For the first time since 1998, the round of 16 in the N.C.A.A. women’s tournament will be played without two of its No. 1 seeds.
No. 9 seed Miami, after blitzing Indiana early then holding on for dear life during an onslaught led by Mackenzie Holmes, will instead head to the tournament’s second weekend for the first time since 1992, two years before the bracket-defining expansion that built up the tournament to 64 teams.
Destiny Harden hit an inside shot with 4 seconds left, moments after Yarden Garzon had tied the game twice with 3-pointers in the final minute. A final, panicked attempt by Indiana to avoid the upset ended with the ball being stripped, sending the Hurricanes across the floor to hug each other and celebrate.
Indiana, behind only the reigning champion South Carolina when the 68-team field for the tournament was revealed, tied the game at 60 with 3 minutes left after building up most of its comeback in the third quarter. That was when Holmes, the leading scorer this season for the Hoosiers, took over with a series of driving layups and tough shots that reversed a frustrating first half in which she scored only 4 points.
Indiana fell into its deep hole almost purely because of its poor shooting, with Holmes missing seven of her first nine shots. Miami led 41-29 at halftime.
Before this season, the last time a No. 1 seed missed the round of 16 in the women’s tournament was in 2009, when Duke lost to Michigan State in the second round. It also happened in 2006, when Ohio State lost to Boston College, and 1998, when Texas Tech lost in the second round and Stanford lost in the first, to No. 16-seeded Harvard. — Oskar Garcia
Ohio State got a dramatic game-winner from Jacy Sheldon.
Ohio State needed to mount a big comeback to win its first-round game in the women’s N.C.A.A. tournament. On Monday against North Carolina, the Buckeyes needed to withstand one — and needed a shot from its senior leader to bail them out.
No. 3 seed Ohio State led by 12 points in the fourth quarter, but the sixth-seeded Tar Heels strung together an impressive rally and had tied the game with 9 seconds left.
That’s when Jacy Sheldon stepped up.
With time winding down, Sheldon took a pass on the wing, drove through traffic and pulled up for a floater in the paint. The shot went down with 1.8 seconds left, and Ohio State ended North Carolina’s tournament run, 71-69.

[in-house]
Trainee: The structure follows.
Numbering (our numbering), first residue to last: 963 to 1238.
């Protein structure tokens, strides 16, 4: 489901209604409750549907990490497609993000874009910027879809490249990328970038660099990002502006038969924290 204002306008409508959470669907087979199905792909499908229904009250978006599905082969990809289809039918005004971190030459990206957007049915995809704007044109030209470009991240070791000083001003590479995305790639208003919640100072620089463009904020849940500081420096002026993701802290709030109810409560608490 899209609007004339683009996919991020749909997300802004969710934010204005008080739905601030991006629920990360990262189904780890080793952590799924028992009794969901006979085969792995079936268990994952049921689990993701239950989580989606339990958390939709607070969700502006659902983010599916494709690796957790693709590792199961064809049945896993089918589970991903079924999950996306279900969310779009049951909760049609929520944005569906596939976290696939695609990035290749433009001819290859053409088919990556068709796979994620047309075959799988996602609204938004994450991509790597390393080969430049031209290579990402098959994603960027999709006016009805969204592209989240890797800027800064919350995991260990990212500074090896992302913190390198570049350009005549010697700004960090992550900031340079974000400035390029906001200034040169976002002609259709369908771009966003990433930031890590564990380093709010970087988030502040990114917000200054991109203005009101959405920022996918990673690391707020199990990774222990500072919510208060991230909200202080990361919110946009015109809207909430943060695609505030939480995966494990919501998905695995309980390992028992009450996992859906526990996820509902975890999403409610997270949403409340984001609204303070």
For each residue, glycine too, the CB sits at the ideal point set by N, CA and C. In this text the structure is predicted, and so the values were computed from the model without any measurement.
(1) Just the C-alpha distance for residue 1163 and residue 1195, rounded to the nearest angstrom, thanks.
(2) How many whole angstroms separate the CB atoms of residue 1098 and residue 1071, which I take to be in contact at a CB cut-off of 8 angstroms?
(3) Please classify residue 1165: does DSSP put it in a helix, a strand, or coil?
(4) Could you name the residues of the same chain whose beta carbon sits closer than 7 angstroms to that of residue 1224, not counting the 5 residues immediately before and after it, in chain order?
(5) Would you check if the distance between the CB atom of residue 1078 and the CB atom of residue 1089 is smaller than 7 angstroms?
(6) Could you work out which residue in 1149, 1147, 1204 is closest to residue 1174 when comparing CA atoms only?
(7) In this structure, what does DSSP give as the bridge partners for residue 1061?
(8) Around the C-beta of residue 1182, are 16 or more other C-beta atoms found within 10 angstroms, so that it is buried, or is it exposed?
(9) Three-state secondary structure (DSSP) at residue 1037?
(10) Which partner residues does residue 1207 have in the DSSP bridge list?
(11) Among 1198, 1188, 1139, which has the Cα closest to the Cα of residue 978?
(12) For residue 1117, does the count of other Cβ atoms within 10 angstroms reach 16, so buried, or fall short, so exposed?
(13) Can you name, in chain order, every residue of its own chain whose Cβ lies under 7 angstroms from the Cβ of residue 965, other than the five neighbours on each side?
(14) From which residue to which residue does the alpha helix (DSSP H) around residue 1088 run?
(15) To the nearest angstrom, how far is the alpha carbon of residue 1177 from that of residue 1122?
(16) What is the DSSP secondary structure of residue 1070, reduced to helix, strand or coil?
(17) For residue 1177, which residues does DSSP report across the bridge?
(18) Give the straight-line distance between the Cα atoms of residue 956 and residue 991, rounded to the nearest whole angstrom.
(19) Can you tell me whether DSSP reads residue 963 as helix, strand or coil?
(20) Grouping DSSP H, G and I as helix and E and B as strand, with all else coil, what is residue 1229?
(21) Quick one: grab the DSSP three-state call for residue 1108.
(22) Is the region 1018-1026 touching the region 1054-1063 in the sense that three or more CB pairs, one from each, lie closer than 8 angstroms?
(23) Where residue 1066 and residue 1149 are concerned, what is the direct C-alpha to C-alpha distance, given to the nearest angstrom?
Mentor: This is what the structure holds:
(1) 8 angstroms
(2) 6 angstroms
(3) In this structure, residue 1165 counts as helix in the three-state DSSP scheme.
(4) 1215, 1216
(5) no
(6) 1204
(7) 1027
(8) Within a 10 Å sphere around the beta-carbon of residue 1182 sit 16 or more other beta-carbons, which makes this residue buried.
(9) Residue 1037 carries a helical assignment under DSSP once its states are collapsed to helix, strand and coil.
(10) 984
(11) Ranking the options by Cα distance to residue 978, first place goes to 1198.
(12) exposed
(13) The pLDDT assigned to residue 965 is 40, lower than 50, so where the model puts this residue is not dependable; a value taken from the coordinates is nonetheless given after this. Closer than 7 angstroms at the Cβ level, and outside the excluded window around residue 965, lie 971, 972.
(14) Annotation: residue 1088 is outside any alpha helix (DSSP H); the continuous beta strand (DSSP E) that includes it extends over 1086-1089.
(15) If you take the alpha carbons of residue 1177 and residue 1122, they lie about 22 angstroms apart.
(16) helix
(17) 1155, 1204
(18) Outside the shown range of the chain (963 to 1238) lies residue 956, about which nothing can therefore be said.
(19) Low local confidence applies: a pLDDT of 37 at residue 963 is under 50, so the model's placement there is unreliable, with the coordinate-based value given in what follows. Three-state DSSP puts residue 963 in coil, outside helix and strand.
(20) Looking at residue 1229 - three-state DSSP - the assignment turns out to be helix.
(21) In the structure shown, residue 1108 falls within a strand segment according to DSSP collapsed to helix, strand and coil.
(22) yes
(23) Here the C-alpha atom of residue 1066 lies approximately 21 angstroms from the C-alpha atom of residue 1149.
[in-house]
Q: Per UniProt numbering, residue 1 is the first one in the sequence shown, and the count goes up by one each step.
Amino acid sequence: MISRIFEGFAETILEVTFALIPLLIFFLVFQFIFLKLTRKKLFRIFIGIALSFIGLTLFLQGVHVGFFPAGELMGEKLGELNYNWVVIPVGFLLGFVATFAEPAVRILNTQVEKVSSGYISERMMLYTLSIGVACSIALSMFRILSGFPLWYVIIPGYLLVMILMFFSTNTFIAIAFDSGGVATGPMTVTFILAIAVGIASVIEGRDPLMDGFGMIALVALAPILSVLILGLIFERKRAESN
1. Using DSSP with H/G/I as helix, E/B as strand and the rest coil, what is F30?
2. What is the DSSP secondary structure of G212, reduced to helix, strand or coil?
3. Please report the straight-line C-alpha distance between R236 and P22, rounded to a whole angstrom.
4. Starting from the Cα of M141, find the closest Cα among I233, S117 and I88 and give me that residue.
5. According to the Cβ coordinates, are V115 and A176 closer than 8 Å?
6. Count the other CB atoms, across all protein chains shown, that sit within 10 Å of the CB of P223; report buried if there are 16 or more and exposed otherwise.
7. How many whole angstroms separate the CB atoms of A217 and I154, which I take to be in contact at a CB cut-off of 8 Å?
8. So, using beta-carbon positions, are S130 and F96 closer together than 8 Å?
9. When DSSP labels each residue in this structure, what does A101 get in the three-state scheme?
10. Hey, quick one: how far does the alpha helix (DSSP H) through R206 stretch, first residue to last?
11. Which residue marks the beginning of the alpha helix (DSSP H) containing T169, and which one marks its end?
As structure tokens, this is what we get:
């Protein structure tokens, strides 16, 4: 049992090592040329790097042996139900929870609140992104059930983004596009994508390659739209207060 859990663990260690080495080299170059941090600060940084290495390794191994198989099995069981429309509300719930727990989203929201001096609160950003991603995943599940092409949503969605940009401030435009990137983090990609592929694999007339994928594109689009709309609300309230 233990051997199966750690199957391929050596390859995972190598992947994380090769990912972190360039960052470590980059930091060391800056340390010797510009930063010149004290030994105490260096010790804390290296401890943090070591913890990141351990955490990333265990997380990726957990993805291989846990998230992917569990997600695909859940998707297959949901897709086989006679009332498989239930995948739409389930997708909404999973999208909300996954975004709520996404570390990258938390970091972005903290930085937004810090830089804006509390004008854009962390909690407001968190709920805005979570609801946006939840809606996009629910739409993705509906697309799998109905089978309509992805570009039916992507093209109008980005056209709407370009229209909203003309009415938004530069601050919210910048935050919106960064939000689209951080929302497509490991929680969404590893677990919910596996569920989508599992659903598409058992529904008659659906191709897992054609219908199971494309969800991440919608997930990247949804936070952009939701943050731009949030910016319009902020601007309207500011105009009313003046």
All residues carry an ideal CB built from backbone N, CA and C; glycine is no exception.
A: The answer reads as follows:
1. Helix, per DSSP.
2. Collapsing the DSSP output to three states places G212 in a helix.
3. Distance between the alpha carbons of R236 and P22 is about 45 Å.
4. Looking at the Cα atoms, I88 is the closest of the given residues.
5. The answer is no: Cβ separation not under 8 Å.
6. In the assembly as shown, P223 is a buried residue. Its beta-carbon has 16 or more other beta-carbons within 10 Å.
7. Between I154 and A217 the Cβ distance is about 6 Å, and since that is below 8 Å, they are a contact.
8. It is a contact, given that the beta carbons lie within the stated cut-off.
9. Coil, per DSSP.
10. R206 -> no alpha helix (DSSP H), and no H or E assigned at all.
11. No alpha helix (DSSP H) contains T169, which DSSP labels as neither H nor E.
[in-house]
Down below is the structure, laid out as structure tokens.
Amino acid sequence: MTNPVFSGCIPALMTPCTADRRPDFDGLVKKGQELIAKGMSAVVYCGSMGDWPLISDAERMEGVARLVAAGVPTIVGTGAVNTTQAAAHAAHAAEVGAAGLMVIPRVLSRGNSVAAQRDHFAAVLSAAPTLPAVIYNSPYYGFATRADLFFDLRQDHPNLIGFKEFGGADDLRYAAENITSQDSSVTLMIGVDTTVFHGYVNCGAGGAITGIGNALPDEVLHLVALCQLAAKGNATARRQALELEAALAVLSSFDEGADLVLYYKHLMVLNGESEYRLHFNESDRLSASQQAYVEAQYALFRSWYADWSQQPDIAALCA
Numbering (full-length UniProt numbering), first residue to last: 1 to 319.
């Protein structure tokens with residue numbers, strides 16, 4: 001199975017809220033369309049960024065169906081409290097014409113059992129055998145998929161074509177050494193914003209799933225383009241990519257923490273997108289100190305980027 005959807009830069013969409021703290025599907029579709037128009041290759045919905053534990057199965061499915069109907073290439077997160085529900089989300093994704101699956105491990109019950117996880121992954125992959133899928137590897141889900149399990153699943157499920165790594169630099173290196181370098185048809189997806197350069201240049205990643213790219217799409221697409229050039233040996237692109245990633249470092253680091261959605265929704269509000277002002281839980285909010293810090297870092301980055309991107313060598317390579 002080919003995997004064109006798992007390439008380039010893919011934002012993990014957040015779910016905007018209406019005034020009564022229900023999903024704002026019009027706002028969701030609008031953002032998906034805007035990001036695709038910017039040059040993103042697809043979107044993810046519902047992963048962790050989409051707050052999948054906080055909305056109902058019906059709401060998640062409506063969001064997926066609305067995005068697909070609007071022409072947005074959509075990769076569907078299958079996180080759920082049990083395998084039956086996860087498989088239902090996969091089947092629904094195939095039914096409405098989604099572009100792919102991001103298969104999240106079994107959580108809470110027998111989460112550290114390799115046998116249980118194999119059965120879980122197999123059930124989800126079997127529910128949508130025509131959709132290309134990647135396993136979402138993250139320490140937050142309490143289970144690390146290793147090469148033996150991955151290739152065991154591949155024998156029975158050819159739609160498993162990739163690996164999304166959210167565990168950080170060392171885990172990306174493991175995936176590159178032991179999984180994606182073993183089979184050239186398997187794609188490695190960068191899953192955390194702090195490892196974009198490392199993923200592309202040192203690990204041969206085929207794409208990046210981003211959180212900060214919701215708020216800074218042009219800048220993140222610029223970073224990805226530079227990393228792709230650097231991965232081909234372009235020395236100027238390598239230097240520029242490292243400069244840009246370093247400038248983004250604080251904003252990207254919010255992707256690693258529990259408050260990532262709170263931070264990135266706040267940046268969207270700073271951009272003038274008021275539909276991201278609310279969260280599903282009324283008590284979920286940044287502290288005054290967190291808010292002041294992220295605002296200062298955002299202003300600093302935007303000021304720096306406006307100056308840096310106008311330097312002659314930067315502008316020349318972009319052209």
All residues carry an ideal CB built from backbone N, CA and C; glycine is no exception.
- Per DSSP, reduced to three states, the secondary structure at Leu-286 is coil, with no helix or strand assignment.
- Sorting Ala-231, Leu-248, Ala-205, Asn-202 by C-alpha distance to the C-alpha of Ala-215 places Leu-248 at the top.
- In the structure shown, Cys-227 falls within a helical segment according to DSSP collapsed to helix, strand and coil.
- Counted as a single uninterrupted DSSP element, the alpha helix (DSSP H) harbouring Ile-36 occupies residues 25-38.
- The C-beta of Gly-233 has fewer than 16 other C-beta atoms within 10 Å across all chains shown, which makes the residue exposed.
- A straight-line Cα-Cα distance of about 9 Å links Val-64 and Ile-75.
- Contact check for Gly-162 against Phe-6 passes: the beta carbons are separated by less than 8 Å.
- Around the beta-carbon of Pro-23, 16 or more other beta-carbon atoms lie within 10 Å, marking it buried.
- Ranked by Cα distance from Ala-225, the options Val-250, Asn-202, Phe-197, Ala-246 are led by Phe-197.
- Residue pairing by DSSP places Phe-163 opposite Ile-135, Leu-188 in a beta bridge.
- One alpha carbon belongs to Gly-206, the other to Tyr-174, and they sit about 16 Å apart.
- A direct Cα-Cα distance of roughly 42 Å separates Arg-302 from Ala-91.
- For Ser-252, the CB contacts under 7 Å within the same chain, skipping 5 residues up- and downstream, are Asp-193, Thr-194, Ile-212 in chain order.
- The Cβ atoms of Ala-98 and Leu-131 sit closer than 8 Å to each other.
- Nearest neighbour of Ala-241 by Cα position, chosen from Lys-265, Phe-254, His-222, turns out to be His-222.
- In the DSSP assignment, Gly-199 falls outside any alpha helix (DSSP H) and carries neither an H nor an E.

Ohio State seemed well in control before the game turned with just under seven minutes left. Deja Kelly, the Tar Heels’ leading scorer, was carried off the court with an injury, yet somehow North Carolina turned it on without her, scoring 9 straight points in just two minutes. Kelly came back and helped the Tar Heels take a 1-point lead, its first and only lead of the game.
Sheldon scored the next 3 points, with a layup and a separate free throw. Kelly then hit a jumper to tie the game, setting the stage for Sheldon’s finish.
In its first-round game, Ohio State trailed by 16 points to James Madison before eventually winning, 80-66, on its home court.
Sheldon played just six games during the regular season while battling a leg injury, but she returned for the Big Ten Conference tournament. She finished Monday’s game with 16 points, 6 rebounds and 5 assists. — Sara Ziegler
Villanova cruised to the round of 16.
VILLANOVA, Pa. — As the third quarter came to a close with Villanova leading by 16, its jubilant fans cheered to a small Florida Gulf Coast contingent, “We can’t hear you,” knowing the game was effectively over.
Fifth-seeded Villanova cruised, 76-57, as its star Maddy Siegrist had big help in the form of guard Lucy Olsen, who filled the stat sheet with 23 points, 10 rebounds and 7 assists. Siegrist wasn’t bad either, notching 31 points for her 36th straight game with at least 20 points, a Division I record.
Villanova advanced to the round of 16 for the first time in 20 years, and the second time in program history.
Siegrist exited the game with just under two minutes left to deafening roars from the home crowd and a big embrace from her coach, Denise Dillon. It could, perhaps, have been Siegrist’s last game at Finneran Pavilion; she is projected to be a top pick in the W.N.B.A. draft but still has a year left of college eligibility.
“If this is my last game at home, I know that’s a great way to go out,” Siegrist said.
After the win, Villanova players gathered at midcourt and took turns dancing as the rapper Lil Uzi Vert’s song “Just Wanna Rock” blared through the arena.
For a short while, it seemed like the Wildcats were in danger. F.G.C.U., which led Division I in made 3-pointers, kept things close and flustered Siegrist, who missed shots that are typically automatic for her. Villanova was also without Christina Dalce for much of the half after she picked up two quick fouls.
When Dalce started the second half, she immediately gave Villanova the boost it needed with her size, disrupting Florida Gulf Coast’s offense. She eventually picked up a fourth foul to the delight of the visiting Eagles, but their 15-point hole was already too steep. — Kris Rhim
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